Crater found bigger than Paris
Buried half a mile deep under the icy plains of Greenlands Hiawatha Glacier, this newly discovered 19-mile-wide crater is one of the biggest in the world. Scientists believe the crater must have been caused by an asteroid that slammed into the earth around 12,000 years ago. The impact had remained hidden until a state-of-the-art radar system made the discovery and a team of international researchers have confirmed the discovery.
Chemical analysis performed at Cardiff University has allowed researchers to pinpoint the type of object capable of causing a crater this size, by measuring the sediment from the river that runs through the crater they could find materials that would have made up the asteroid. Traces of iron were found leading scientists to believe it was caused by an iron meteorite. A large fragment kept at the Geological Museum in Copenhagen was previously found in an area not far from Hiawatha.
Scientists believe this could explain the Ice Age climate change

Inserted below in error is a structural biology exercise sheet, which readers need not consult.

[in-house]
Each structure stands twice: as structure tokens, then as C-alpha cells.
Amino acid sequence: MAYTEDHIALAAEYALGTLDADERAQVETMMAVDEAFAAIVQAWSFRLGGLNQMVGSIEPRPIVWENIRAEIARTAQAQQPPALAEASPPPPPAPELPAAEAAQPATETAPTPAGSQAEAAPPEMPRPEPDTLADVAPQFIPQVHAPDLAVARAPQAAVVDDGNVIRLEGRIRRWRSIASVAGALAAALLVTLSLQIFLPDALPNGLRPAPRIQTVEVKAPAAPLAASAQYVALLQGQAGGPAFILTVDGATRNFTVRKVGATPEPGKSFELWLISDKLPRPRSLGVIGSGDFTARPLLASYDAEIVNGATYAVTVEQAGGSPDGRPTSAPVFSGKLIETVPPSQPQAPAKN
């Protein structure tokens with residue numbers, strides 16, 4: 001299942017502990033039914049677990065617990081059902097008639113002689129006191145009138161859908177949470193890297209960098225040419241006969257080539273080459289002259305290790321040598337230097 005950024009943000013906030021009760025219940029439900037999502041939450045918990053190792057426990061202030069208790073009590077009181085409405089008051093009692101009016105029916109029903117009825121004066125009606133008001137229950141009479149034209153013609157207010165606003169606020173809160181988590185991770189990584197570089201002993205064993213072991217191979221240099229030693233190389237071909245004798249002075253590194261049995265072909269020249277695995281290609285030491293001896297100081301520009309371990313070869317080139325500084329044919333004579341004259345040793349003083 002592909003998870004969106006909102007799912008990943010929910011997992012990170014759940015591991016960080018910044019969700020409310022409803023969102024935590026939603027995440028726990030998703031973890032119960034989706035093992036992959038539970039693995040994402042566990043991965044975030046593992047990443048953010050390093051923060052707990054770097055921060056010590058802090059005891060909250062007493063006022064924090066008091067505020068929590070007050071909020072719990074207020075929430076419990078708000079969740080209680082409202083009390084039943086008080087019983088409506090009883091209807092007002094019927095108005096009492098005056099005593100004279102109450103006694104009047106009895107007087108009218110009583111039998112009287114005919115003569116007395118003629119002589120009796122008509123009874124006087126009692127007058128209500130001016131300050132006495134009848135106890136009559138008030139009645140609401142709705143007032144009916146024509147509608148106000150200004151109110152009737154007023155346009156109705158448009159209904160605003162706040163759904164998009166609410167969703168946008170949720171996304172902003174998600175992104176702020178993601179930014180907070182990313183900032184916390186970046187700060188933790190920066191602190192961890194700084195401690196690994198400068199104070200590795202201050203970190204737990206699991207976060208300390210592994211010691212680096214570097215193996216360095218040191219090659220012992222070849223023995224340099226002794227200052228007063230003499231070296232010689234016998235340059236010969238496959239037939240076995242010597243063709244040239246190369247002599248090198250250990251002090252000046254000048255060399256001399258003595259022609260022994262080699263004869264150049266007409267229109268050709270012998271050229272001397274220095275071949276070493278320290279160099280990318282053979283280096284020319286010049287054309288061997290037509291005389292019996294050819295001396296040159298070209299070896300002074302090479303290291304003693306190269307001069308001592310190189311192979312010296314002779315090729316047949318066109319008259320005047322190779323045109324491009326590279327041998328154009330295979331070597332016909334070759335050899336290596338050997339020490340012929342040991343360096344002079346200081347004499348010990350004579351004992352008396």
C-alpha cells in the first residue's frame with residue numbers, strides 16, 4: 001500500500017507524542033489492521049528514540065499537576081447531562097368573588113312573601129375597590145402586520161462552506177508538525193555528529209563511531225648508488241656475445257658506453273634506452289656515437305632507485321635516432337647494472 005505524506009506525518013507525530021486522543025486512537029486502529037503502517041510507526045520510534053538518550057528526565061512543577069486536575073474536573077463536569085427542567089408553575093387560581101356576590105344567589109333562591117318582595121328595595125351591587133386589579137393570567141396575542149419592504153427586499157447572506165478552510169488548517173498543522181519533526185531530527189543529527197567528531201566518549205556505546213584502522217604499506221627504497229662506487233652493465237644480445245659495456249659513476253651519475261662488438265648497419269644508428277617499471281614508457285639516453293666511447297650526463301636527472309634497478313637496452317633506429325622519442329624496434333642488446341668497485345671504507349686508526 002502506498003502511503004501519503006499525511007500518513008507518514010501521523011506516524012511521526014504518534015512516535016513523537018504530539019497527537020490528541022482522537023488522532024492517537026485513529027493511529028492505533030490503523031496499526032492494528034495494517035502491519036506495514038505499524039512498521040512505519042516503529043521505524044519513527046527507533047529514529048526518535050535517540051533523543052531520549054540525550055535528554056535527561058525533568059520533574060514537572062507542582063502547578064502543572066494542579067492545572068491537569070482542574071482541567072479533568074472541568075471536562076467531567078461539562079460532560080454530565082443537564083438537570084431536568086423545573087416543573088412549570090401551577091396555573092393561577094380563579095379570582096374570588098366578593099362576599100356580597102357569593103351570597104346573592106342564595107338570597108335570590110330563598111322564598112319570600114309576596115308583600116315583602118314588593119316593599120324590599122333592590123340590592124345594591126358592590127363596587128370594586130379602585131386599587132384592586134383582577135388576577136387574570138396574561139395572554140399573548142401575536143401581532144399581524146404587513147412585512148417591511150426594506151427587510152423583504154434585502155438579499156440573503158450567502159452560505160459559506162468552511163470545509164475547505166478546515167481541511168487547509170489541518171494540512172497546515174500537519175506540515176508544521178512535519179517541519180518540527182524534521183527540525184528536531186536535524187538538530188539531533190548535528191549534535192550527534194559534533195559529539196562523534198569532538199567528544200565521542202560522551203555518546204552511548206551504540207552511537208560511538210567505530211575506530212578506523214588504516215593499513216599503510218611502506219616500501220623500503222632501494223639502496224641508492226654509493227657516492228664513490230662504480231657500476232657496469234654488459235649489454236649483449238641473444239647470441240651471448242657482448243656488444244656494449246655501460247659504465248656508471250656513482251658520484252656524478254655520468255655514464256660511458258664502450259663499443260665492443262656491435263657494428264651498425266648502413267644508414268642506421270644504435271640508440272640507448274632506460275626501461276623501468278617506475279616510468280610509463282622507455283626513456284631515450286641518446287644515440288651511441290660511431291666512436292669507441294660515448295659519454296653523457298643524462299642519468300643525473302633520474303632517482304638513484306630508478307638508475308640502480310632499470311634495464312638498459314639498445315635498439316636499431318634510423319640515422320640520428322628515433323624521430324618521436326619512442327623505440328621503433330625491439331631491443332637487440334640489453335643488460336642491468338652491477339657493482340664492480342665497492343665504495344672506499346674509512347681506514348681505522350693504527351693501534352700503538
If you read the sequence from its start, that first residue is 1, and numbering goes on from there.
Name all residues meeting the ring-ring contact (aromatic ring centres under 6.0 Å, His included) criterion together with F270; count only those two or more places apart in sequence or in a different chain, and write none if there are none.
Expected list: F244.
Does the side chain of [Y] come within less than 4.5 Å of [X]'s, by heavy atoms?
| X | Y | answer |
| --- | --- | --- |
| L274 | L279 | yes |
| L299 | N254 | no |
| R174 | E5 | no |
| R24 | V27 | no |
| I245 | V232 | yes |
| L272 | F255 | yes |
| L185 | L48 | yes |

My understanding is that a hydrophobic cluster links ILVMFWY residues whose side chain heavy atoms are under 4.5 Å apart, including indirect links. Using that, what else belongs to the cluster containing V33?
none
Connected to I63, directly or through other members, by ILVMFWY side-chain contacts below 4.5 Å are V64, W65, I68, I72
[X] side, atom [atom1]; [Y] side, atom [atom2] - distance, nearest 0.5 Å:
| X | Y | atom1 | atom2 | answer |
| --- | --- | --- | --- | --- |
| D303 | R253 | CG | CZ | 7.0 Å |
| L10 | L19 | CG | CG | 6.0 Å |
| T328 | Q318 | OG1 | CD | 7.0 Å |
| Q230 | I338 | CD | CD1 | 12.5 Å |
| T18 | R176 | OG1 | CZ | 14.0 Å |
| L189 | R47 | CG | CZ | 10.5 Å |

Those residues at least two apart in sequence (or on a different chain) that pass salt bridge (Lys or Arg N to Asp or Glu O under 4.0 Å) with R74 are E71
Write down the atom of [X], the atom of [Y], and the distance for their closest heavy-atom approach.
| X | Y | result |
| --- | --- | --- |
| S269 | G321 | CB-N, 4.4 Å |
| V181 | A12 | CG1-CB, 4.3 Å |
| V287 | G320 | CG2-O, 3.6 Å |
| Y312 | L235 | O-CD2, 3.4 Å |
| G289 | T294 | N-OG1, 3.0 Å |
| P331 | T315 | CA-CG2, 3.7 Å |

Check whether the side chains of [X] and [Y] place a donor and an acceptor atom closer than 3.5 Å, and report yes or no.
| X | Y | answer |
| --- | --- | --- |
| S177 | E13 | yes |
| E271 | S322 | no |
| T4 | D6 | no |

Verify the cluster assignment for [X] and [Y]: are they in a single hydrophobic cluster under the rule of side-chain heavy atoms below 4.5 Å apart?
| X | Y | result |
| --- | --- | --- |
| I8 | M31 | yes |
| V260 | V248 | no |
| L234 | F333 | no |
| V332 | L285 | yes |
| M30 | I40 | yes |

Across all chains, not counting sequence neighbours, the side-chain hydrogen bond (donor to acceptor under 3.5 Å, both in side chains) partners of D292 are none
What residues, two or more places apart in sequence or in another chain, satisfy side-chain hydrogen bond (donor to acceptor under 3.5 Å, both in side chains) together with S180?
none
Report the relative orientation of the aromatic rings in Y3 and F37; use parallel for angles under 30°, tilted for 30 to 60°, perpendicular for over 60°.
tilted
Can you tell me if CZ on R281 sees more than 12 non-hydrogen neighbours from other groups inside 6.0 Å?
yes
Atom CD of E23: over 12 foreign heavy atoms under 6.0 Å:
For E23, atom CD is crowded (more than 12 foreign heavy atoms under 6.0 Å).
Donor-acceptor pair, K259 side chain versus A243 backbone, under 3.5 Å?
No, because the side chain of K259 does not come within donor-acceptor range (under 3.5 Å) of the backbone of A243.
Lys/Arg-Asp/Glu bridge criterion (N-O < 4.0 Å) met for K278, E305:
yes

12,800 years ago Earths climate was starting to change, warming up after the most recent Ice Age. Until now scientists have used the logical theory that volcanic activity must have caused the Ice Age due to there being no evidence to prove anything else could have caused it, but with the discovery of this crater and how well preserved the crater has been kept by the ice, it’s believed knew theories could begin to circulate.
There’s still a lot to learn about this exciting new crater, especially the impact it could have had on the climate at the time. Kurt Kjaer from the Danish Museum of Natural History said “I think it is just super exciting that given the day and age 2018, you can still go out in the world and see something that is so big, that nobody has seen before. The world’s surface has been surveyed back and forth with all kinds of things, satellites or whatever, but you can still go out and make such a discovery. I think if I was a young scientist or person wanting to do science, I would say, wow, the age of discovery is still honorable.”